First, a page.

The overall test results indicate something called oscillatory breathing… almost a type of apnea… while exercising. This ties in well with her previous decision to have Rich evaluated at a sleep clinic. Oscillatory breathing is very much associated not only with CHF but also with the centralized sleep apnea she suspected. The guru offers to see if she can get us an earlier appointment than the July one we currently have. Then she’d like to have another CPET done after to see if there is improvement with whatever suggested therapy the sleep group has. CPAP or BPAP therapy in the overnight are generally the solution. And this helps the heart to rest and heal. The option of a pacemaker for support that we discussed in our last post is now a stronger contender given the results and Rich’s fall …and we’re getting closer to yes!
To add to the data and to perhaps help find a definitive cause to the syncope episodes, we discuss heart monitoring options. The best choice seems to be a loop monitor which would be implanted below the skin (Borg once more!) and will provide downloadable information on heart rhythms. After her discussion with our cardiologist, it’s decided to go forward with this. In two weeks, our One of Ten (formerly of Nine) will get this procedure done and another level of data will be added to the pacemaker decision. We will now be welcoming a cardiac electrophysiologist to our list of experts. There is a measure of relief with this; to have the support of some monitoring and get some real-time information as issues occur. If needed, again, a pacemaker will add to the ongoing support.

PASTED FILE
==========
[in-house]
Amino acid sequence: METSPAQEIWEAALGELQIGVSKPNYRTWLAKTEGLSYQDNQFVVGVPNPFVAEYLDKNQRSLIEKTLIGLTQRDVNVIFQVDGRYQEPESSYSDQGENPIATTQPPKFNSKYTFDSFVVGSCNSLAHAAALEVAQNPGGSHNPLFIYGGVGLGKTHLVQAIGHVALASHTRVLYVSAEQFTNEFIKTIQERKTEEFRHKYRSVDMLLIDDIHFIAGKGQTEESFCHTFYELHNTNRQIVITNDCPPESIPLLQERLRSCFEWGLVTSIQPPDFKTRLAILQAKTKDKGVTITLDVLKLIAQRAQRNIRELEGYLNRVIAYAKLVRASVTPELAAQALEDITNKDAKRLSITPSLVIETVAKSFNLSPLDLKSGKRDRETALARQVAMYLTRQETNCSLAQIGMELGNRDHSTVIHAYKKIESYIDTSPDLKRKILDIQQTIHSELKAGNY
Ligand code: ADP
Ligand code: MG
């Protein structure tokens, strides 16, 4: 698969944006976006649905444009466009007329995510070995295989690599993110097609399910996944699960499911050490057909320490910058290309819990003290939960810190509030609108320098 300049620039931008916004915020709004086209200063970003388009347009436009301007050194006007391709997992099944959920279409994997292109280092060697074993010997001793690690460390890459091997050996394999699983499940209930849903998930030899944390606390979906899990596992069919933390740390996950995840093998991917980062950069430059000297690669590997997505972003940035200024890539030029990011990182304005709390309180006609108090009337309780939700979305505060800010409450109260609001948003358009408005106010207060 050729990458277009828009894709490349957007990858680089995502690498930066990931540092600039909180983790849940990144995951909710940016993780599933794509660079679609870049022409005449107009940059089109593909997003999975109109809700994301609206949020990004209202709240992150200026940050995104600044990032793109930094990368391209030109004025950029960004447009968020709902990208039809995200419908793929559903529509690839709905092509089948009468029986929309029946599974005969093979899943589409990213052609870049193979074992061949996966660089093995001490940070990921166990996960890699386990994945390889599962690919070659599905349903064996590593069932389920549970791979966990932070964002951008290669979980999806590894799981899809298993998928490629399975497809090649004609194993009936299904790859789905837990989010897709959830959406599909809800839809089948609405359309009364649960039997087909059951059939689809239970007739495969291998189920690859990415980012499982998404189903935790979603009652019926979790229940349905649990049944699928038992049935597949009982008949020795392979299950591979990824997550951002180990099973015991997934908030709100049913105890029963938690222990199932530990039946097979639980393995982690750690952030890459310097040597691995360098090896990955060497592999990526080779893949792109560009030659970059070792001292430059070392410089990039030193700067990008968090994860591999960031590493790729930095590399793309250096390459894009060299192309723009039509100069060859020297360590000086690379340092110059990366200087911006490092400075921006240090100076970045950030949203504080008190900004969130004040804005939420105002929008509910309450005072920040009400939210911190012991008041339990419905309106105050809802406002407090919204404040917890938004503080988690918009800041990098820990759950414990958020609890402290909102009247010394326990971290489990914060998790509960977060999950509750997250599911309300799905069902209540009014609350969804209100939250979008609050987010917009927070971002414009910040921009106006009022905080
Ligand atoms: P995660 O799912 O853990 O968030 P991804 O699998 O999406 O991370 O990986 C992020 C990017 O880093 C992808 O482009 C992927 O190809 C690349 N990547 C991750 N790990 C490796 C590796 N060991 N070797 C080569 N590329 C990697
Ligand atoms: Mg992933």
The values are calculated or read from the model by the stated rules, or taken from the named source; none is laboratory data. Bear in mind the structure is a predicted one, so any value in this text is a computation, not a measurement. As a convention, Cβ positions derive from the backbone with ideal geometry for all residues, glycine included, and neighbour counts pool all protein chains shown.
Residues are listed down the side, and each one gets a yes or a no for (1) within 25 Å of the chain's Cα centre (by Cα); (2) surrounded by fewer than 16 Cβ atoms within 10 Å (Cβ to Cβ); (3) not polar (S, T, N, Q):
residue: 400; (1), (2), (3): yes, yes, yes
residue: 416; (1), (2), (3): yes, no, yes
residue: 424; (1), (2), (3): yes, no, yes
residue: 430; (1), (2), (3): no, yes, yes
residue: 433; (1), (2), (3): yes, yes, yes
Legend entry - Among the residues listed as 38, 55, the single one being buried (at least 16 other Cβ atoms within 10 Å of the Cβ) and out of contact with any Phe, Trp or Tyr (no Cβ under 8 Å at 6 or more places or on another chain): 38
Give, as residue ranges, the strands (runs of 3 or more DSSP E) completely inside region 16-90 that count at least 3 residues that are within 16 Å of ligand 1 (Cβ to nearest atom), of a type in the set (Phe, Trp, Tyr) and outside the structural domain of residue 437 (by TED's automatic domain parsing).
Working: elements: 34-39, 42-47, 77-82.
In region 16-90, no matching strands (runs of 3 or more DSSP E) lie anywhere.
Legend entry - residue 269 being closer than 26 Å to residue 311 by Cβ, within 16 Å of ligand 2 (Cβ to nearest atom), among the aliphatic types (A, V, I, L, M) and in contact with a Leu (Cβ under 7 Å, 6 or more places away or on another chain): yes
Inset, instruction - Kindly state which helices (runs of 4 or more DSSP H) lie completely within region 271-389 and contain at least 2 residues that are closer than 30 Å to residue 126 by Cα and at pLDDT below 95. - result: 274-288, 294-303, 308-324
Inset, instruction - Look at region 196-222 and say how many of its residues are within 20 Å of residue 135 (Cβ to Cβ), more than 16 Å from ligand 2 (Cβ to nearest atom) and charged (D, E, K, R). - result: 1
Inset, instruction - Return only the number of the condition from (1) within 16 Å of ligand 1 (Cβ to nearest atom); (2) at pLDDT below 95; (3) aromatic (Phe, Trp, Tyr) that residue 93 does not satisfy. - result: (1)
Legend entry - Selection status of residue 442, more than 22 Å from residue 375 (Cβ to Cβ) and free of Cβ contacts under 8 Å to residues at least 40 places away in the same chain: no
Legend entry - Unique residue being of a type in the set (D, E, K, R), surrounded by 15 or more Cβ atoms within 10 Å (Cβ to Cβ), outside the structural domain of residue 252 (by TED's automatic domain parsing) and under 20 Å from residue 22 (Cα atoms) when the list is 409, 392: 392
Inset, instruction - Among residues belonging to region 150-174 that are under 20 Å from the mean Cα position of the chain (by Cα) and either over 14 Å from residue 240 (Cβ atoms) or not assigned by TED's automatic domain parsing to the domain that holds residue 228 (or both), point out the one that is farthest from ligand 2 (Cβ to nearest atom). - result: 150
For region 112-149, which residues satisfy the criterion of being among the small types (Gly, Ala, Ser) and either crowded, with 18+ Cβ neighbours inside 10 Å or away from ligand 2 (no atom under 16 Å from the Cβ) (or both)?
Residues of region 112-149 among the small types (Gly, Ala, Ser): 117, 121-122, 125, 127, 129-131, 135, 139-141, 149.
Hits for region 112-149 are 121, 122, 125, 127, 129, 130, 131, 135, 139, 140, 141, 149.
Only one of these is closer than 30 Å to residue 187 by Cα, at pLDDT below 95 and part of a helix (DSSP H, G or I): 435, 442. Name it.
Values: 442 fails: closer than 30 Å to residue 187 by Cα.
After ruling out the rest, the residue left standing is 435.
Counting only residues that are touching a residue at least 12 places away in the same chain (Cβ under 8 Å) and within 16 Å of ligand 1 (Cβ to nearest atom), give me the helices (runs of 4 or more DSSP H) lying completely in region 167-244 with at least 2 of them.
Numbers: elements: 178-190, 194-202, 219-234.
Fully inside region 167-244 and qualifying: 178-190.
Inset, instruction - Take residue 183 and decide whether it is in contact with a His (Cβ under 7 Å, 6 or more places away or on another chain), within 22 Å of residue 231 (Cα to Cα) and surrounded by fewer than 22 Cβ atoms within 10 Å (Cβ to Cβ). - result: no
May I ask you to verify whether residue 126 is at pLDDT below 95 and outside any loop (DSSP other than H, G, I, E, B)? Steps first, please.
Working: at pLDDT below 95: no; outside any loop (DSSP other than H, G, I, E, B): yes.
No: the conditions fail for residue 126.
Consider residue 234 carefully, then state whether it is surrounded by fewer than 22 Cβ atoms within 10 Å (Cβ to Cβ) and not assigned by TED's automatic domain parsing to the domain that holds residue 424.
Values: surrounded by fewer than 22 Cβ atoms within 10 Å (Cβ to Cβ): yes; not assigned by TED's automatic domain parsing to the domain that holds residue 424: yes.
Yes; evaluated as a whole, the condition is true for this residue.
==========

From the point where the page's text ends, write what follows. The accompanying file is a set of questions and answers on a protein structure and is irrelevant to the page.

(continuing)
We also find we should revisit one of our meds that had been with us since we began prednisone at the beginning of this journey but was dropped two years ago. Zoloft had helped with the depression that prednisone brought upon the adrenals. When the pain management group gave Rich Cymbalta to help with neuropathy pain, they kept the Zoloft active as well. For a year he took both. And then we slowly weaned off, keeping only the Cymbalta for the neuropathy. But Rich has felt the difference.
Now that we’re coming to a year of continual med changes and tweaks, non-stop testing to optimize energy and healing, and a whole lotta everchanging rules, we think it’s time to consider Zoloft again. The cortisone shot Rich received in his shoulder could not have helped; steroids always depress his adrenals. And it is well known that chronic illnesses of all kinds can bring a discombobulation that is tough on the patient and that is detrimental on this path. Again, we welcome this available support.
Lastly, our doctor admonishes us to keep to the clean way of eating we did when we first met last year. With all the changes in the last six months, we’ve gotten a little off track. It’s time to pull back from that cliff we, like our Gigantor, were stuck near. If we need to send out a distress signal, we have a whole bunch on our team to respond, but ultimately, we are responsible for doing everything we can on our end… like our vacuum, we need to be reset onto firm ground, set the big button to GO and start anew.
Bigger than big,
taller than tall,
Quicker than quick,
stronger than strong.
Ready to fight for right, against wrong.
Gigantor the space aged robot,
He’s at your command.
Gigantor the space aged robot,
His power is in your hands.